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[cross-posted at DLCC.org]

The GOP’s war on workers has dominated recent national media coverage, with two states in particular getting most of the attention.  Unfortunately, this means that some other truly loony Republican actions didn't receive the attention they deserved.

So we’re taking a moment today to revisit some of the things - happening in states all across the country - that you may have missed in the last few weeks.

The New Hampshire House is quickly gaining a reputation as the nation’s Petri dish for right-wing buffoonery.  We’ve already discussed recent GOP efforts there to abolish universal kindergarten, declare technology training irrelevant to an adequate education, and block U.S. efforts to combat piracy.  But did you know that GOP state Representatives have also proposed ordering TSA agents to register as sex offenders (he calls it the “Don’t Touch My Junk” bill) and shipping the mentally ill to Siberia?

The latter idea, proposed by GOP state Rep. Martin Harty, prompted Harty to resign a few days later (not out of shame, according to him, but because "So far I really don't know what I'm doing" - a mystery most of New Hampshire still grapples with).  Amazingly, GOP Speaker Bill O’Brien declined to clearly condemn Harty.  Instead he simply said that Harty "has earned the right to say what he thinks."

Meanwhile, at the other extreme, New Hampshire state Rep. Kenneth Weyler implied during a committee hearing that mental illness was no more than an elaborate racket, and that “by cutting the amount of help we're willing to offer, we'd like them to discover that some of these people can be cured.”

Moving on to the Iowa House, GOP state Rep. Chris Hagenow has filed legislation that would allow private security officers (like the ones in shopping malls) to carry “offensive weapons.”   Existing Iowa law, in turn, defines “offensive weapons” to include “a bomb, grenade, or mine, any rocket having a propellant charge of more than four ounces, certain rockets, missiles, and other similar devices.”   Perhaps Rep. Hagenow thinks mine fields would deter shoplifters.

Or maybe Hagenow was simply panicked by his GOP colleague across the hall in the Iowa Senate, state Sen. Mark Chelgren, who argued that universal preschool was nothing more than a cover for Nazi indoctrination sessions (audio here).

Continuing the theme of compassion for children, Maine Republicans are picking up an idea first proposed by Missouri GOP state Sen. Jane Cunningham, who tried to repeal most child labor laws in that state.  Similar legislation has now been filed in both the Maine House and Maine Senate.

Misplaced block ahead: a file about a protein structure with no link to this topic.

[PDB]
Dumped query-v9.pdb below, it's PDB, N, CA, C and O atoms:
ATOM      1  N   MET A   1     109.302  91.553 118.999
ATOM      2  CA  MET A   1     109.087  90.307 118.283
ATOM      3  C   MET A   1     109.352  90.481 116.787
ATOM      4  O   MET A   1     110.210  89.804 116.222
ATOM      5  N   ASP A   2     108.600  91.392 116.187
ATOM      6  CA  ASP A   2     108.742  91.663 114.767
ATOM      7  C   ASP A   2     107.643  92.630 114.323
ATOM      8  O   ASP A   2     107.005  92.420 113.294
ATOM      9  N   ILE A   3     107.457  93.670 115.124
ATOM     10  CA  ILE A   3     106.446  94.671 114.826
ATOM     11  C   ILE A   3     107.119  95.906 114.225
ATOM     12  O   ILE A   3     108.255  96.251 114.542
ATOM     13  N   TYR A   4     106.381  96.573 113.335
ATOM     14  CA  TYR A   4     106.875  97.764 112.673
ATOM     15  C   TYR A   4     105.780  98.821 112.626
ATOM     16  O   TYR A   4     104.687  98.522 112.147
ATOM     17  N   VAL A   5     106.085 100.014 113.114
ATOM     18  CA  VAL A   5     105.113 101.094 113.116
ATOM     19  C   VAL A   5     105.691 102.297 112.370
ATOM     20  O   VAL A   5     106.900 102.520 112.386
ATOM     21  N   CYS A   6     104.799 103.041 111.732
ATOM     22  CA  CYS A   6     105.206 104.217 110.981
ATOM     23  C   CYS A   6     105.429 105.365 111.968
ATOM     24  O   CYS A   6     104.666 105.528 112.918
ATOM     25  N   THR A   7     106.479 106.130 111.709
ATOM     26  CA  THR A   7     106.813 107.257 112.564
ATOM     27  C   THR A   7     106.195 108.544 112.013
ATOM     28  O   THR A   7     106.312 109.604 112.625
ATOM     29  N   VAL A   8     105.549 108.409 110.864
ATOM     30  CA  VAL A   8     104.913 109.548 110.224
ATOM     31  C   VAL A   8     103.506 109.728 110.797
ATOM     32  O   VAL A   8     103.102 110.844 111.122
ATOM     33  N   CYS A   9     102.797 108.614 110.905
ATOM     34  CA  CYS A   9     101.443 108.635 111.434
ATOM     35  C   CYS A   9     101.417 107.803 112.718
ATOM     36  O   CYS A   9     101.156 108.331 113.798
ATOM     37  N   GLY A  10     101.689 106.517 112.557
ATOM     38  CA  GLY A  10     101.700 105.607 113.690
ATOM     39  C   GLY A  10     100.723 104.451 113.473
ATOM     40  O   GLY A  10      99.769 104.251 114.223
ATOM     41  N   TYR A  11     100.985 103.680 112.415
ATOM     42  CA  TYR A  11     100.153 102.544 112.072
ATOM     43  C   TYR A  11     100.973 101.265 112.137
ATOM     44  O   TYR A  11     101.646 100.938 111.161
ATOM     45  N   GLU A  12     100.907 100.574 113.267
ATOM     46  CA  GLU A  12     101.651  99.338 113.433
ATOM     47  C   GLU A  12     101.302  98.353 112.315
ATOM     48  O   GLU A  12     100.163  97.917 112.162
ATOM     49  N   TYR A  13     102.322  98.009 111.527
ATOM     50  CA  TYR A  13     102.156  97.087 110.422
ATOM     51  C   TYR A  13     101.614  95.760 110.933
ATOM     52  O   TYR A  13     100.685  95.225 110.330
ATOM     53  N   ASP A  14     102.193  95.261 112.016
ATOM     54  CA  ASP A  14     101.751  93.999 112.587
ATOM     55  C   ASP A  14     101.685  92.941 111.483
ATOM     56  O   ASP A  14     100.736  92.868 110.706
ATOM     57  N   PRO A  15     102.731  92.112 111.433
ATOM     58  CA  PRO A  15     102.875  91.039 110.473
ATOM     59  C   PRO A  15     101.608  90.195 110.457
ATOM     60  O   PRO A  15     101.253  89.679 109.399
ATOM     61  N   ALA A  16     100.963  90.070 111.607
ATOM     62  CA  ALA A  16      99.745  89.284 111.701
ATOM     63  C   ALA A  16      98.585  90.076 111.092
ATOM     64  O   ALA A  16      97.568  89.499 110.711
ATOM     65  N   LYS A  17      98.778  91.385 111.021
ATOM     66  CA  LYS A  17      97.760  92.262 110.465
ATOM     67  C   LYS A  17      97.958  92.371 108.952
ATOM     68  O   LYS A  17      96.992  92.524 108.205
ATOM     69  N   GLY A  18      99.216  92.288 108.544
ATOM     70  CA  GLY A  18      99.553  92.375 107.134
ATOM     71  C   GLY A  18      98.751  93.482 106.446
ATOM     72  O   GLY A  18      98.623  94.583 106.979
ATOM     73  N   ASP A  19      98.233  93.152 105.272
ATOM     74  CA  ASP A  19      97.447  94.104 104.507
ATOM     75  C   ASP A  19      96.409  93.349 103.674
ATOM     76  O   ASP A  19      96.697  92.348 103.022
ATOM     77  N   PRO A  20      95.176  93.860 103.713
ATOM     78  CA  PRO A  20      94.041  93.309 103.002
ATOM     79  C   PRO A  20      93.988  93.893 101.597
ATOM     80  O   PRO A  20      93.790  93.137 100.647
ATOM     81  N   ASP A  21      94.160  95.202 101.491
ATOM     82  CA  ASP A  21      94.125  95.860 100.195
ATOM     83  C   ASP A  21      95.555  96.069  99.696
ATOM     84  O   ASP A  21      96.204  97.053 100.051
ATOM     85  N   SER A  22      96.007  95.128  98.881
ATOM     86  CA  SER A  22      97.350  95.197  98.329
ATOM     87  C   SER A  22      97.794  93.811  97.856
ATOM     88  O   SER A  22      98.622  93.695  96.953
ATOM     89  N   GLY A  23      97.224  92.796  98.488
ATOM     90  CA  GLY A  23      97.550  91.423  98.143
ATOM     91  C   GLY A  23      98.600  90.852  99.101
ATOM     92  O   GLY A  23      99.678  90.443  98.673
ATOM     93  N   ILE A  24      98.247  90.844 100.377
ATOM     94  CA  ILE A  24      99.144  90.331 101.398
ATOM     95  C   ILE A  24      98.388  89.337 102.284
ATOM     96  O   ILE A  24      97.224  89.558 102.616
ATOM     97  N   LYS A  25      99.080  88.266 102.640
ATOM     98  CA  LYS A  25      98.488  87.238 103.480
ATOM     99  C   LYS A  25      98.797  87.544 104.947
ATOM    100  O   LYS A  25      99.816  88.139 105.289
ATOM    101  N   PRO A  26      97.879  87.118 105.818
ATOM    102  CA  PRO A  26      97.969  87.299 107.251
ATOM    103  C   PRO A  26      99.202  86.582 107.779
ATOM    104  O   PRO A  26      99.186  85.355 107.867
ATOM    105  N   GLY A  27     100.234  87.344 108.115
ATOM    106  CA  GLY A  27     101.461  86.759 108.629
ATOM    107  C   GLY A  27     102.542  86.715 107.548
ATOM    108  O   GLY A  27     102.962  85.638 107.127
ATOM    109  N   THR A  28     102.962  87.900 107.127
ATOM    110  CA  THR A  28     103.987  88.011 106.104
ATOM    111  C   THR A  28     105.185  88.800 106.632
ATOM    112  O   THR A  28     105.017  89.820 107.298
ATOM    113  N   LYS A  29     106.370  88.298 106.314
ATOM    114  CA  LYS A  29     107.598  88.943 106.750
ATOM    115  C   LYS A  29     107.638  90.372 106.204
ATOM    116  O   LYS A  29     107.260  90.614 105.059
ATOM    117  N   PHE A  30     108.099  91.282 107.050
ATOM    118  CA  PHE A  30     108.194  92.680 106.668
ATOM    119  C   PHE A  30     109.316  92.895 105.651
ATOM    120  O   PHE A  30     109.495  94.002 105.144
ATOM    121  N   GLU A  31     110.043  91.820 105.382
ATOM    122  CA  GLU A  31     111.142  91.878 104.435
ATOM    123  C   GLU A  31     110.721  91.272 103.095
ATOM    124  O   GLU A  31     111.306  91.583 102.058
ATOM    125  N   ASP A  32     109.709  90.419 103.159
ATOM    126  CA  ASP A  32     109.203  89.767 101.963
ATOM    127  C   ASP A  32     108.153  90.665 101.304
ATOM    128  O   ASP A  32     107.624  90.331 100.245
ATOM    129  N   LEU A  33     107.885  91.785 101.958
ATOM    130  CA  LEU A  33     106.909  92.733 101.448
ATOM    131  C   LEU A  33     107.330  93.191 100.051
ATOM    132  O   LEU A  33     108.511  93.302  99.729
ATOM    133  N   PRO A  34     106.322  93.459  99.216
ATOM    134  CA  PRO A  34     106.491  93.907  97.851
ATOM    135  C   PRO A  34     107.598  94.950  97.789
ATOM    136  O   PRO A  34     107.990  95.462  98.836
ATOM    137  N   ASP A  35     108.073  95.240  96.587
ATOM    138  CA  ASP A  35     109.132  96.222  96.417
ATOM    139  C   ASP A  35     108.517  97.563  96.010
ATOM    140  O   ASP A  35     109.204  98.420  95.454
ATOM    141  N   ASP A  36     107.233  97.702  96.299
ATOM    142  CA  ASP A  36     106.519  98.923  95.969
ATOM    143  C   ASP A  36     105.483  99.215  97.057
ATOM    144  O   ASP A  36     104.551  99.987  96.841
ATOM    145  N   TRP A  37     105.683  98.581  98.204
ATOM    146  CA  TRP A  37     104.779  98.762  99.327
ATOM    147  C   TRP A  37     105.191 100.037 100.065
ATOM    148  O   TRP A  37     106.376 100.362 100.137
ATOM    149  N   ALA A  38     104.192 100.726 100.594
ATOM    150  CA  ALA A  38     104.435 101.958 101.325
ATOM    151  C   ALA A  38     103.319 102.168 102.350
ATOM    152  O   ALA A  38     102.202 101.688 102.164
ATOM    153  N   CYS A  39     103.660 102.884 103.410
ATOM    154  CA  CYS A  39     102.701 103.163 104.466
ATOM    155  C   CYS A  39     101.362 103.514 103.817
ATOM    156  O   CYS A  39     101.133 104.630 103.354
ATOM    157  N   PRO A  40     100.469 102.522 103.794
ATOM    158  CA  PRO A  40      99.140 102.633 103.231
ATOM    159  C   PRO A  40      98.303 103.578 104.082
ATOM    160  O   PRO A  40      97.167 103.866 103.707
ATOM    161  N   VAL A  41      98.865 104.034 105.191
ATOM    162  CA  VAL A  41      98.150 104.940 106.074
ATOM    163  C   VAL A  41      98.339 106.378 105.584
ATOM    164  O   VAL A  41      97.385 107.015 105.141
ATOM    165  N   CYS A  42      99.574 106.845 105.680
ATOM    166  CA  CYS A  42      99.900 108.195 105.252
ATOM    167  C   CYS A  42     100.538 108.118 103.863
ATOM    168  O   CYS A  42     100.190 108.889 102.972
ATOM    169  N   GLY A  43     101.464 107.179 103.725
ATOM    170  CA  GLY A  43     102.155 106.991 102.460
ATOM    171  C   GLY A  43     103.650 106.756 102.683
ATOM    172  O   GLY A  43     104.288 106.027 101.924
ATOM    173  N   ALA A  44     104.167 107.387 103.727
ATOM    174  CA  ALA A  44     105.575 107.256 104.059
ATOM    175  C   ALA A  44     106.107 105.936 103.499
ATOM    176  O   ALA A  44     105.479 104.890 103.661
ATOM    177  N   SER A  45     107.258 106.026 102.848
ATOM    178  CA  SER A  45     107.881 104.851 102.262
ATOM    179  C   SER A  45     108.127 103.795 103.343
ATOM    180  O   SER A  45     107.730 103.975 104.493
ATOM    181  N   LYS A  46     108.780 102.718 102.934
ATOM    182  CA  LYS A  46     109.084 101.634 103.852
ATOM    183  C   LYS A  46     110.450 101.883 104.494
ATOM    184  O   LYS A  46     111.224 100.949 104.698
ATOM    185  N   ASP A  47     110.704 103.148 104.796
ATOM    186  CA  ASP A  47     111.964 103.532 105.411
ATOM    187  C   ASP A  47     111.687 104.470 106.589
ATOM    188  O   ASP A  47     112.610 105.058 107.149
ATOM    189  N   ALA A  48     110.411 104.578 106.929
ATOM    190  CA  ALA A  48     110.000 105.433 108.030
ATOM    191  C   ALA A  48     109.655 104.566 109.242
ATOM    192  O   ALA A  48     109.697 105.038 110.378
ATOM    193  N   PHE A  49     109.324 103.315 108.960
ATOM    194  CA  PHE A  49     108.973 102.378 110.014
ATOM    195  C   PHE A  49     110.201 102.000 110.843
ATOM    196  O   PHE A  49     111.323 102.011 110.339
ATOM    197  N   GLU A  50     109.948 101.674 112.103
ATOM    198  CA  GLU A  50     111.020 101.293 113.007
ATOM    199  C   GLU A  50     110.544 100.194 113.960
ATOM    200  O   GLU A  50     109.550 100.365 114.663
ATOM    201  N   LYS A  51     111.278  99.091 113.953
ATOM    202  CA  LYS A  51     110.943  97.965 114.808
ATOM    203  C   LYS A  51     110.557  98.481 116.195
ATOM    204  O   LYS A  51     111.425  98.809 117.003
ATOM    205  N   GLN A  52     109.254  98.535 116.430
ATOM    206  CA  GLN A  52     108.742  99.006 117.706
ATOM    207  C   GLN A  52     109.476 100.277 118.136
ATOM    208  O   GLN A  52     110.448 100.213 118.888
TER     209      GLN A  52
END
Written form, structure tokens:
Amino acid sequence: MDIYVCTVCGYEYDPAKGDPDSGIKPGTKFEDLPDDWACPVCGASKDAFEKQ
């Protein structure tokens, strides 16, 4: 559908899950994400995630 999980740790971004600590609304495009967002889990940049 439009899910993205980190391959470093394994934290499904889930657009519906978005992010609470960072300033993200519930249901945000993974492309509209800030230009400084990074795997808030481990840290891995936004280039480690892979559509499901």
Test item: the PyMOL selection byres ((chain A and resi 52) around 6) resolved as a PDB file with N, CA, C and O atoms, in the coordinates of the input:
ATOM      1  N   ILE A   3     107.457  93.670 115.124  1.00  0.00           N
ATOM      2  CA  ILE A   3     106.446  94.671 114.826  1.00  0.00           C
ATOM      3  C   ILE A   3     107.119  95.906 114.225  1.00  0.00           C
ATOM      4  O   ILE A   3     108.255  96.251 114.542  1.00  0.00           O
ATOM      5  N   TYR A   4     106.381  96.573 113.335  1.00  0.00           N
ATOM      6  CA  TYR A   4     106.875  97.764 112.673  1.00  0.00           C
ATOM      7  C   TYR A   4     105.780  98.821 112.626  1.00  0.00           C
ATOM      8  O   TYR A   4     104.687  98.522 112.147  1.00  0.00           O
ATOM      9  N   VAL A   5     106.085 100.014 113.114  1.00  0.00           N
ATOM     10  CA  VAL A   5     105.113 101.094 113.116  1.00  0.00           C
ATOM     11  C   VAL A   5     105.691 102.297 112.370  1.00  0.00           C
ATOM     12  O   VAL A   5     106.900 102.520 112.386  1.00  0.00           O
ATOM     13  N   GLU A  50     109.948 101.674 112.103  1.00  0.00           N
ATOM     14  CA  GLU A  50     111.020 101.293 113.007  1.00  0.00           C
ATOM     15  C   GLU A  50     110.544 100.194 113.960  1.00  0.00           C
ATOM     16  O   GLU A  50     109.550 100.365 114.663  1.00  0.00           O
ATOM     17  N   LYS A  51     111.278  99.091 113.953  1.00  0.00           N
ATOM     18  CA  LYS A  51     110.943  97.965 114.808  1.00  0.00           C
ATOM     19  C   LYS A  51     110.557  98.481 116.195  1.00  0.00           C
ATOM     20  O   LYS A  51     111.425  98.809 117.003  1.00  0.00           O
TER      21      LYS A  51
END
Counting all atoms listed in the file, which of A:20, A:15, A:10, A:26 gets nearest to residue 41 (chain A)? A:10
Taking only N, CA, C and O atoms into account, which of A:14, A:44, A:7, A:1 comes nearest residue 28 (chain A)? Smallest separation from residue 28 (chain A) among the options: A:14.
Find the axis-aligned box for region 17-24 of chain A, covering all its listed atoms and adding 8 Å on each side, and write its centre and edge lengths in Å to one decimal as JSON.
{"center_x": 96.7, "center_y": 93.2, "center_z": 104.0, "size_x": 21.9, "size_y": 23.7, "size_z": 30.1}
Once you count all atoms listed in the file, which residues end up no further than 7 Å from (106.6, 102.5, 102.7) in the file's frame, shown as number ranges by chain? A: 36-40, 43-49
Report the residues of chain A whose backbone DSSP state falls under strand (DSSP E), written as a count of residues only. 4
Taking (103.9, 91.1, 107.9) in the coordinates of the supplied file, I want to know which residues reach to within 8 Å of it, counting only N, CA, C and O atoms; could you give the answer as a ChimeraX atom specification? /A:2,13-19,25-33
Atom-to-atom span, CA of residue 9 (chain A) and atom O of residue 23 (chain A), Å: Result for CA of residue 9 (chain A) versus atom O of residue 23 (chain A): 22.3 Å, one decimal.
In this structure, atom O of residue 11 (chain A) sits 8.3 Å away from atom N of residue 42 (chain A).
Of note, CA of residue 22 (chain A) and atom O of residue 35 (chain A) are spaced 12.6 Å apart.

In the Kansas House, GOP state Rep. Connie O’Brien first said she could determine if people were illegal immigrants or not based on whether they “had the olive complexion.”   A few weeks later, GOP Rep. Virgil Peck suggested that shooting illegal immigrants from helicopters would be an effective policy.  

Georgia state Rep. Bobby Franklin, who last made headlines for trying to label rape victims as "accusers" in all Georgia court proceedings, is back in the news after he compared the United States to the oppressive regimes in Egypt and Libya, declaring that “Americans are the most delusional people in the world.”

And speaking of GOP efforts to blame the victim in rape cases, debate over a school dress code bill in the Florida House was marred by GOP state Rep. Kathleen Passidomo, who spoke in favor of the bill because “There was an article about an 11 year old girl who was gangraped in Texas by 18 young men because she was dressed up like a 21-year-old prostitute.”

A bill in the Montana House would have eliminated all educational requirements for the State Superintendent of Instruction – an elected position.   Forty-six House Republicans apparently thought that was a great idea, because why would we want the person responsible for education to be, you know, educated?

And finally, Arizona Senate Majority Leader Scott Bundgaard recently invoked his state constitution’s legislative immunity clause to avoid a domestic violence charge after he was accused of hitting his girlfriend on the side of the road.  Amazingly, now that Bundgaard has used the loophole himself to avoid the charges, he wants to repeal it so no one else can follow his example.

[hat tips:  Blue Hampshire, Dirigo Blue, Montana Cowgirl Blog, Under the Golden Dome, and Think Progress]

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